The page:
The Watervale Hotel looks like a traditional pub but with local vignerons likely to be lined up at the bar, it’s become a favourite with wine lovers.

Story By John Kruger

Sitting high at the crossroads of the small village of Watervale in South Australia’s Clare Valley is the beautiful old Watervale Hotel. The building is perched on the side of the valley with vineyards and the small township behind it. It’s a modest-sized, historic pub with only a small section of the building dedicated to the front bar and dining room. The rest houses reasonably priced, comfortable accommodation with three double rooms.
The hotel, built in 1845, reveals its heritage not just in the wrought-iron intricacies around the verandah but also in the pressed-tin ceiling in the front bar. John Wade and daughter Kirste Harrison have been running the pub for about eight months and are still in raptures over the views of the valley and vineyards.
Both were seeking a ‘vine change’. Although John had been a publican in Burra, SA, many years ago, he had spent the past 15 years in Adelaide working in quality control for Holden. Kirste was working as a nurse at the Royal Adelaide Hospital and both had decided that it was time to make the change. “We loved it from the moment we saw it,” Kirste says. “It’s got personality and character, and the people who come to the hotel have personality as well.”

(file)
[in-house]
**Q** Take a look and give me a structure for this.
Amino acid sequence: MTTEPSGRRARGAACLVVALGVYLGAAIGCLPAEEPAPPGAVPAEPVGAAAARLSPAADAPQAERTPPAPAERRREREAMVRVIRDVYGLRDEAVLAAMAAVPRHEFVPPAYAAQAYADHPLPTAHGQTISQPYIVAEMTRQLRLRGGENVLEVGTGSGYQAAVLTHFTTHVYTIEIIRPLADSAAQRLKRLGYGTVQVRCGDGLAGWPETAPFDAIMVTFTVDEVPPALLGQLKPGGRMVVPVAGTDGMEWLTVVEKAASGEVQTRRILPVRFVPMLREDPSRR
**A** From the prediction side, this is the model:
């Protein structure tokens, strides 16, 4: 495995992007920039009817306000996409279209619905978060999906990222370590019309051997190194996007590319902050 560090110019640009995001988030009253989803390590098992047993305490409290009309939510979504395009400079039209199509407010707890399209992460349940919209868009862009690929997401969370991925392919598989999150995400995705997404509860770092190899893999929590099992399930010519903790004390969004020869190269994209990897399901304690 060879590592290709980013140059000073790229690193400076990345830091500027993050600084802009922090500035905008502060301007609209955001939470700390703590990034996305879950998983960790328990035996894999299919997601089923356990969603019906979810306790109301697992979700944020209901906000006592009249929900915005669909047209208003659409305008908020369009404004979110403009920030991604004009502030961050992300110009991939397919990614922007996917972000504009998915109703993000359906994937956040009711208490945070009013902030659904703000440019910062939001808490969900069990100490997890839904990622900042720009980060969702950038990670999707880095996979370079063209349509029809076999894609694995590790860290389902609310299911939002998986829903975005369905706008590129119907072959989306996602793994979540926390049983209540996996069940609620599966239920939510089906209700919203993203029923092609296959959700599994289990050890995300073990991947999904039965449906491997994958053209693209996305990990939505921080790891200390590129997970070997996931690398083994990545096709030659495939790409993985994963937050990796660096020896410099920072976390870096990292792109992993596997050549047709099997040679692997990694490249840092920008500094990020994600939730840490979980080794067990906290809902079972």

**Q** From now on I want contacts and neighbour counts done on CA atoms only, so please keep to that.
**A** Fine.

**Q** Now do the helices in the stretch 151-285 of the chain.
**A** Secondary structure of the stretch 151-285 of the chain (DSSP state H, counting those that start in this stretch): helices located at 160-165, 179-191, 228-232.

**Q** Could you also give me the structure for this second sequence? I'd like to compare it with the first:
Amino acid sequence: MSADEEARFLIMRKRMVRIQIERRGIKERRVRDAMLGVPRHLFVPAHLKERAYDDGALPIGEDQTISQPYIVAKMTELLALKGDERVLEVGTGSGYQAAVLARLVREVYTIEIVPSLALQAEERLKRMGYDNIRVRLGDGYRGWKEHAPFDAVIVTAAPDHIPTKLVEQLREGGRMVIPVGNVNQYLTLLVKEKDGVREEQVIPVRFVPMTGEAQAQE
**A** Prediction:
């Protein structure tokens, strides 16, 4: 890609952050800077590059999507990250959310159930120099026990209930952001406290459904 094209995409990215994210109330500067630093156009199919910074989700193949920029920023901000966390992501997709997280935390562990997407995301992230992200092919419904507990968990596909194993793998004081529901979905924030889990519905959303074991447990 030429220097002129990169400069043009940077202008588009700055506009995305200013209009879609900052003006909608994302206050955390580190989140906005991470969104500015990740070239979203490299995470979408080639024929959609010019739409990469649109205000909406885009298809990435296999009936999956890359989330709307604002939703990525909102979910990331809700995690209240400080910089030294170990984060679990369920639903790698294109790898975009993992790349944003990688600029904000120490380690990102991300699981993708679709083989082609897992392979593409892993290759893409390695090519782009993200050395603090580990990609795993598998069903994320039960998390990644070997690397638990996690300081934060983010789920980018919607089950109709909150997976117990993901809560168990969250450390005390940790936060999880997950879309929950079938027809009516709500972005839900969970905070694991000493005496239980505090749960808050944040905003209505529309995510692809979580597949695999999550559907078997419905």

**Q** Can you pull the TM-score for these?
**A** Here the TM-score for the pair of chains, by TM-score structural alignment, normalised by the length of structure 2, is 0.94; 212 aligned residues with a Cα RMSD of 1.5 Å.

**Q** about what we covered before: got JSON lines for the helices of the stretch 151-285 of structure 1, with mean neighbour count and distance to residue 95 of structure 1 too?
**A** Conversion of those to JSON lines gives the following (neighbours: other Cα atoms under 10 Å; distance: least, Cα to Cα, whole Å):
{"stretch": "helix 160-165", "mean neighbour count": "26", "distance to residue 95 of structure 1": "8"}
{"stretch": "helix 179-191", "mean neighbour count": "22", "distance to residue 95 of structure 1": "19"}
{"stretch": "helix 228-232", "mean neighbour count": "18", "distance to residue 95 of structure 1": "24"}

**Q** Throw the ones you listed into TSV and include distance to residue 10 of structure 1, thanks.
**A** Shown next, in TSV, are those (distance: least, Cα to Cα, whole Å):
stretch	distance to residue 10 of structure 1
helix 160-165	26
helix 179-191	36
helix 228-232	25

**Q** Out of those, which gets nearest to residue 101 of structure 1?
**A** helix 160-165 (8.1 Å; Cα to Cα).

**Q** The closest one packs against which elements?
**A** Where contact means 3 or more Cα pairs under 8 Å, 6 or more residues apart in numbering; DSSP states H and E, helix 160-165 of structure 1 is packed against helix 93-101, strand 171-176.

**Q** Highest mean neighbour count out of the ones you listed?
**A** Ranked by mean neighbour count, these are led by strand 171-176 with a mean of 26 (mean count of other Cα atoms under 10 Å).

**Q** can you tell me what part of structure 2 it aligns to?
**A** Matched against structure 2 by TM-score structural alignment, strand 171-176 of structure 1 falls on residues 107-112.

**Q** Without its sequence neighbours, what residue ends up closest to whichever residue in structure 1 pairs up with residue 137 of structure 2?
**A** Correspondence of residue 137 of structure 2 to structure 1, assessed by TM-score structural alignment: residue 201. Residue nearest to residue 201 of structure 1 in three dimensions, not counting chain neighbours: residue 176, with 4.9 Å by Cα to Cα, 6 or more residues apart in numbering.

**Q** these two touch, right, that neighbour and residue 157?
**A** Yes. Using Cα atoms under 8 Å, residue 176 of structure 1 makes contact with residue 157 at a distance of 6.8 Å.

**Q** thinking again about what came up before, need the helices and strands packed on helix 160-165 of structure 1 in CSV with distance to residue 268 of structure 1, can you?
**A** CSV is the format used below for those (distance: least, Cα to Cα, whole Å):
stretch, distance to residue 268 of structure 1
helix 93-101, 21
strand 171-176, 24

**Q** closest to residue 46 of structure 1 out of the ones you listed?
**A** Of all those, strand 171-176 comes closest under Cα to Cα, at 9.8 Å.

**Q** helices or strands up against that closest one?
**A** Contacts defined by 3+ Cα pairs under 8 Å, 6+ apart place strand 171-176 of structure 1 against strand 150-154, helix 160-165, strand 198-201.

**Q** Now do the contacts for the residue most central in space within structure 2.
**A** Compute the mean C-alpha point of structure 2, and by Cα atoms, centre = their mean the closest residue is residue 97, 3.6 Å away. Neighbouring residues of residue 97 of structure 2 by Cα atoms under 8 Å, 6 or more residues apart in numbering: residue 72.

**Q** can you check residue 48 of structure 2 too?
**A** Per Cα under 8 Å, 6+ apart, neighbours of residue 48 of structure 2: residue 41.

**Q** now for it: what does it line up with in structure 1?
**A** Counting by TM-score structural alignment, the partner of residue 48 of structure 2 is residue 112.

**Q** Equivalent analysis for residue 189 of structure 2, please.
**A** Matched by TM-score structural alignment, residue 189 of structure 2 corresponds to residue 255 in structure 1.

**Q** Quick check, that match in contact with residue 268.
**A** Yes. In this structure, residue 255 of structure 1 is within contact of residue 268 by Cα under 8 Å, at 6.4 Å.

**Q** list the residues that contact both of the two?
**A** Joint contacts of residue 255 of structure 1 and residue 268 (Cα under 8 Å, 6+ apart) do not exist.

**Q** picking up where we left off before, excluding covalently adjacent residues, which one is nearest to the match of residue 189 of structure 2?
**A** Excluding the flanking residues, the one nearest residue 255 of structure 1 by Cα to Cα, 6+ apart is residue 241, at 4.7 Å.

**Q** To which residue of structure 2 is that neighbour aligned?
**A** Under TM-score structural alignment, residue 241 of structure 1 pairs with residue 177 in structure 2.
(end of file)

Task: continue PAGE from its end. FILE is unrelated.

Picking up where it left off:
The hotel sits at the centre of the popular Riesling Trail, a 27-kilometre route incorporating part of a converted old railway line, used mainly by tourists to explore the wine region by bicycle. The pub often has bikes leaning against the front posts while riders stop for lunch or a few beers to cleanse the palate between tastings. The hotel has a regular clientele of interstate tourists and local wine-industry folk.
Just a few hundred metres away is the long-established Crabtree Watervale Wines. New owners Rasa Fabian and partner Richard Woods say wineries in the area use the hotel as a work venue as much as a social spot. “The pub is our second office,” Rasa says. “It’s where we hear how much rain everyone has had, what the baumé [sugar content] of the grapes are and who has grapes for sale. It’s got a lot of community spirit and we all know to meet there for a knock-off drink without anyone having to organise anything.” One industry legend sitting quietly at the end of the bar is local Ray Parish. Originally coming from “the other side of Marrabel”, he’s well known in the vineyards. “I’ve been here for 68 years, picking bloody grapes,” Ray says with a smile. The sprightly 86-year-old has been picking and pruning for Crabtree for 25 years. Ray’s secret to being able to withstand the bitterly cold winter pruning is to “rug up properly” and make sure your lower back isn’t exposed to the weather.

This story excerpt is from Issue #71

Outback Magazine: June/July 2010